Entertainment in Japan

  • Top ChoiceEntertainment in Asakusa & Sumida River

    Ryōgoku Kokugikan

    If you’re in town when a tournament is on, don't miss the chance to catch the big boys of Japanese wrestling in action at the country's largest sumo stadium. The main spectacle starts 3.40pm when the makuuchi (top division) wrestlers parade into the ring. Advanced tickets must be purchased through Ticket Oosumo (http://sumo.pia.jp/en), up to five weeks before the start of the tournament.

  • Top ChoiceEntertainment in Ginza & Tsukiji


    The flamboyant facade of this venerable theatre is fitting for the extravagant dramatic flourishes that are integral to the traditional performing art of kabuki. Check the website for performance details and to book tickets; you'll also find an explanation about cheaper one-act, day seats.

  • Top ChoiceEntertainment in Southern Higashiyama


    This theatre in Gion is the oldest kabuki theatre in Japan. The major event of the year is the Kaomise festival in December, which features Japan’s finest kabuki actors.

  • Top ChoiceEntertainment in Roppongi, Akasaka & Around

    National Theatre

    Japan's most important theatre for traditional performing arts stages kabuki, gagaku (music of the imperial court), kyōmai (Kyoto-style traditional dance), bunraku (classic puppet theatre) and more. Visit the website to see the schedule and purchase tickets. Premium tickets can cost over ¥10,000, while the cheap seats are indeed cheap (from ¥1800); student concessions available.

  • Top ChoiceEntertainment in Shinjuku & Northwest Tokyo

    Shinjuku Pit Inn

    This is Tokyo's best jazz spot: intimate, unpretentious and with an always solid line-up of influential, avant-garde, crossover and up-and-coming musicians from Japan and abroad. If you're already a fan of jazz, you'll want to make a point to visit it; if you're not, Pit Inn is the kind of place that just might win you over.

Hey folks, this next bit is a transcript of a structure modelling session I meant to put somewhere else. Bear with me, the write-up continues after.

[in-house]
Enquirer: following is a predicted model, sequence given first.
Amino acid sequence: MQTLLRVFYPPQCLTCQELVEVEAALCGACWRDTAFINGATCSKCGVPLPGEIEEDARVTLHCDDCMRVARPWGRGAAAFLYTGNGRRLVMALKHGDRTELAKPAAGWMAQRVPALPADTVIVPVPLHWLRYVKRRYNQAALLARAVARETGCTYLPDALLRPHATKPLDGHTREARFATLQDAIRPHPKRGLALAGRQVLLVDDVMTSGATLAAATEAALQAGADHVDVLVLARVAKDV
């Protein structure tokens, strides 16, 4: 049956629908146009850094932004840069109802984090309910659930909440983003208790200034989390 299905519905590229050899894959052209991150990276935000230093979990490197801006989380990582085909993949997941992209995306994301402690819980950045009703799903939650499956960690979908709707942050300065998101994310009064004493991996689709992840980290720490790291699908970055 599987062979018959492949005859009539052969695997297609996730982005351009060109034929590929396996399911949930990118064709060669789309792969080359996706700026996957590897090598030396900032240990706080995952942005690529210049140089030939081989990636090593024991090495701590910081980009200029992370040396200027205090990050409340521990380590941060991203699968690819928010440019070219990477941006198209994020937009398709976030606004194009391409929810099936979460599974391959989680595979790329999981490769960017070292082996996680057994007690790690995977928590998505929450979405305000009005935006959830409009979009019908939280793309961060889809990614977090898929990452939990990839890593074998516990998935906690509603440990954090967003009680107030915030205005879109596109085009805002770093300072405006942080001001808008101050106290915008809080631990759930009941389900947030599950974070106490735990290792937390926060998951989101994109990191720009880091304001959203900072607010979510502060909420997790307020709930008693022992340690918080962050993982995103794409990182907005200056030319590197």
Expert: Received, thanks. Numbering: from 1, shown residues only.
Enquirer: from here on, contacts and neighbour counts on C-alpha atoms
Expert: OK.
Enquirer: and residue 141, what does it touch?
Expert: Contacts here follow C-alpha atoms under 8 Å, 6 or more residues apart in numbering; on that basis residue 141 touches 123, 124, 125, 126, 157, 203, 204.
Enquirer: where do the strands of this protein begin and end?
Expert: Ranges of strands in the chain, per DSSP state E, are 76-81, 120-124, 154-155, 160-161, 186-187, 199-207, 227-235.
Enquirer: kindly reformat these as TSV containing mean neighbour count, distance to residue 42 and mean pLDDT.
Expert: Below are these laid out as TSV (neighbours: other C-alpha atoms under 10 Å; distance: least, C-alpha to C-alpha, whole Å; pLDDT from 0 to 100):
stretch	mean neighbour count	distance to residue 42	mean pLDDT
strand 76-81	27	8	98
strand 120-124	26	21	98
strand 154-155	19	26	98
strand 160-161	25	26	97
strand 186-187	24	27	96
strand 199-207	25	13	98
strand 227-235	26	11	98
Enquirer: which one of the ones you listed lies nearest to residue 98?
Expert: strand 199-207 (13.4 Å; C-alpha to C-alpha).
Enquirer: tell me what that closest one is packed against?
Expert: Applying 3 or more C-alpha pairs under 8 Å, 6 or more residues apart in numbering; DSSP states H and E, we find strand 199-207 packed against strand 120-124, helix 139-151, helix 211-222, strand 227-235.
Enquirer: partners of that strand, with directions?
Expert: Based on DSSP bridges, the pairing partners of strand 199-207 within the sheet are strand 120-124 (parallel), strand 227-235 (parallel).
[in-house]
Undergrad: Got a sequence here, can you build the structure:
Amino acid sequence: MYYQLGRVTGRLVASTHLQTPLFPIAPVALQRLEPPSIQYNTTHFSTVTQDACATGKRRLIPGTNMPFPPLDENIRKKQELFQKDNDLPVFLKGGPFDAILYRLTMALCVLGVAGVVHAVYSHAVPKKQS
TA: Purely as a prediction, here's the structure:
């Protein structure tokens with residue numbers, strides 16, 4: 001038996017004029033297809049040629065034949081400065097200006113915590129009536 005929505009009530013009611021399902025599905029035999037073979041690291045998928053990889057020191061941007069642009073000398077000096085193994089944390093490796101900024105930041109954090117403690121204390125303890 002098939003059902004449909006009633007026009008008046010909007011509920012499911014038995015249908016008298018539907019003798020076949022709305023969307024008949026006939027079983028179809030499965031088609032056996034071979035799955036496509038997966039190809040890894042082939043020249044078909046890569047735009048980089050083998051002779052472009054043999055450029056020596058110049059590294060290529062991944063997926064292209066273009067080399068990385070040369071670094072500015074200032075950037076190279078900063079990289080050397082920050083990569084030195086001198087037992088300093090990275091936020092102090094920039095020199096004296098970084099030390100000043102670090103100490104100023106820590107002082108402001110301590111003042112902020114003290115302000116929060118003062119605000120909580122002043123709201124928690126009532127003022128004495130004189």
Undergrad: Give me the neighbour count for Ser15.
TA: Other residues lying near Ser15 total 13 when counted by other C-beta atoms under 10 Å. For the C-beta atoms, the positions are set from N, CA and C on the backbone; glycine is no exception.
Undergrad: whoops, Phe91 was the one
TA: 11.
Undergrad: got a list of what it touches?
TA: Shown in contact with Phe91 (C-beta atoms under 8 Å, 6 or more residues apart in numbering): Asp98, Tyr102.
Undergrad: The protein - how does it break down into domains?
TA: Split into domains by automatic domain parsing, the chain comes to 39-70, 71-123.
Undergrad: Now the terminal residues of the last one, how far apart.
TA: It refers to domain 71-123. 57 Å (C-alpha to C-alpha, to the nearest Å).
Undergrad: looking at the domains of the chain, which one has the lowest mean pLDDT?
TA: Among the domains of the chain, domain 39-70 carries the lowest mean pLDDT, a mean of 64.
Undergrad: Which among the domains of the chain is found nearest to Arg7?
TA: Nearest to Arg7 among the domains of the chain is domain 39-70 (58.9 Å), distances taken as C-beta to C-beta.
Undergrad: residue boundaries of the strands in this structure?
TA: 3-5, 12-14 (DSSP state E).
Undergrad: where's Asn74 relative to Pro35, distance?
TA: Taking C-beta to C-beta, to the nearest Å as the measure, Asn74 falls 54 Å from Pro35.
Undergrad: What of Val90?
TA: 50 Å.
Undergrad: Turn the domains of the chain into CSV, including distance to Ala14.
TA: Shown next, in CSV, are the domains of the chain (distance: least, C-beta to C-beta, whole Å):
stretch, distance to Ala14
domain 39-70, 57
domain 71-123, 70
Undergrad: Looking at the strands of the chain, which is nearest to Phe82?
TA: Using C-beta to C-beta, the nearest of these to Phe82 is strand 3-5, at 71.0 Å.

• Top ChoiceEntertainment in Ebisu, Meguro & Around


    This subterranean club stages live music and DJ-hosted events (sometimes staggered on the same night). The solid line-up includes Japanese indie bands, veterans playing to a smaller crowd and overseas artists making their Japan debut. Unit has high ceilings and an intentionally industrial-cool interior (in addition to excellent sound), separating it from Tokyo's grungier live-music spots. Ticket prices vary.

  • Top ChoiceEntertainment in Kōrakuen & Akihabara

    Tokyo Dome

    Tokyo Dome (aka ‘The Big Egg’) is home to the Yomiuri Giants. Love ’em or hate ’em, they're the most consistently successful team in Japanese baseball. Tickets usually sell out in advance; get them early at www.giants.jp/en/ticket.

  • Top ChoiceEntertainment in Southern Higashiyama

    Miyako Odori

    This 45-minute dance is a wonderful geisha performance. It’s a real stunner and the colourful images are mesmerising. It’s held throughout April, usually at Gion Kōbu Kaburen-jō Theatre. The building is under ongoing renovations until around 2021 and performances will be held at Minamiza in the meantime.

  • Entertainment in Downtown Kyoto


    One of Kyoto’s most atmospheric live-music venues, with a long history of hosting some great local and international acts. Check the Kyoto Visitor's Guide and flyers in local coffee shops and record stores for details on upcoming events. It can be hard to spot: look for the wooden sign with black kanji on it and go through the gate.

  • Top ChoiceEntertainment in Osaka

    Namba Bears

    For going on three decades this has been the place to hear underground music live in Osaka. It's a small, bare-concrete, smokey space – well suited to the punk, rock and indie bands that play here. In keeping with the alternative spirit, you can bring in your own beer. Most shows start at 7pm; tickets usually cost ¥2000 to ¥2500.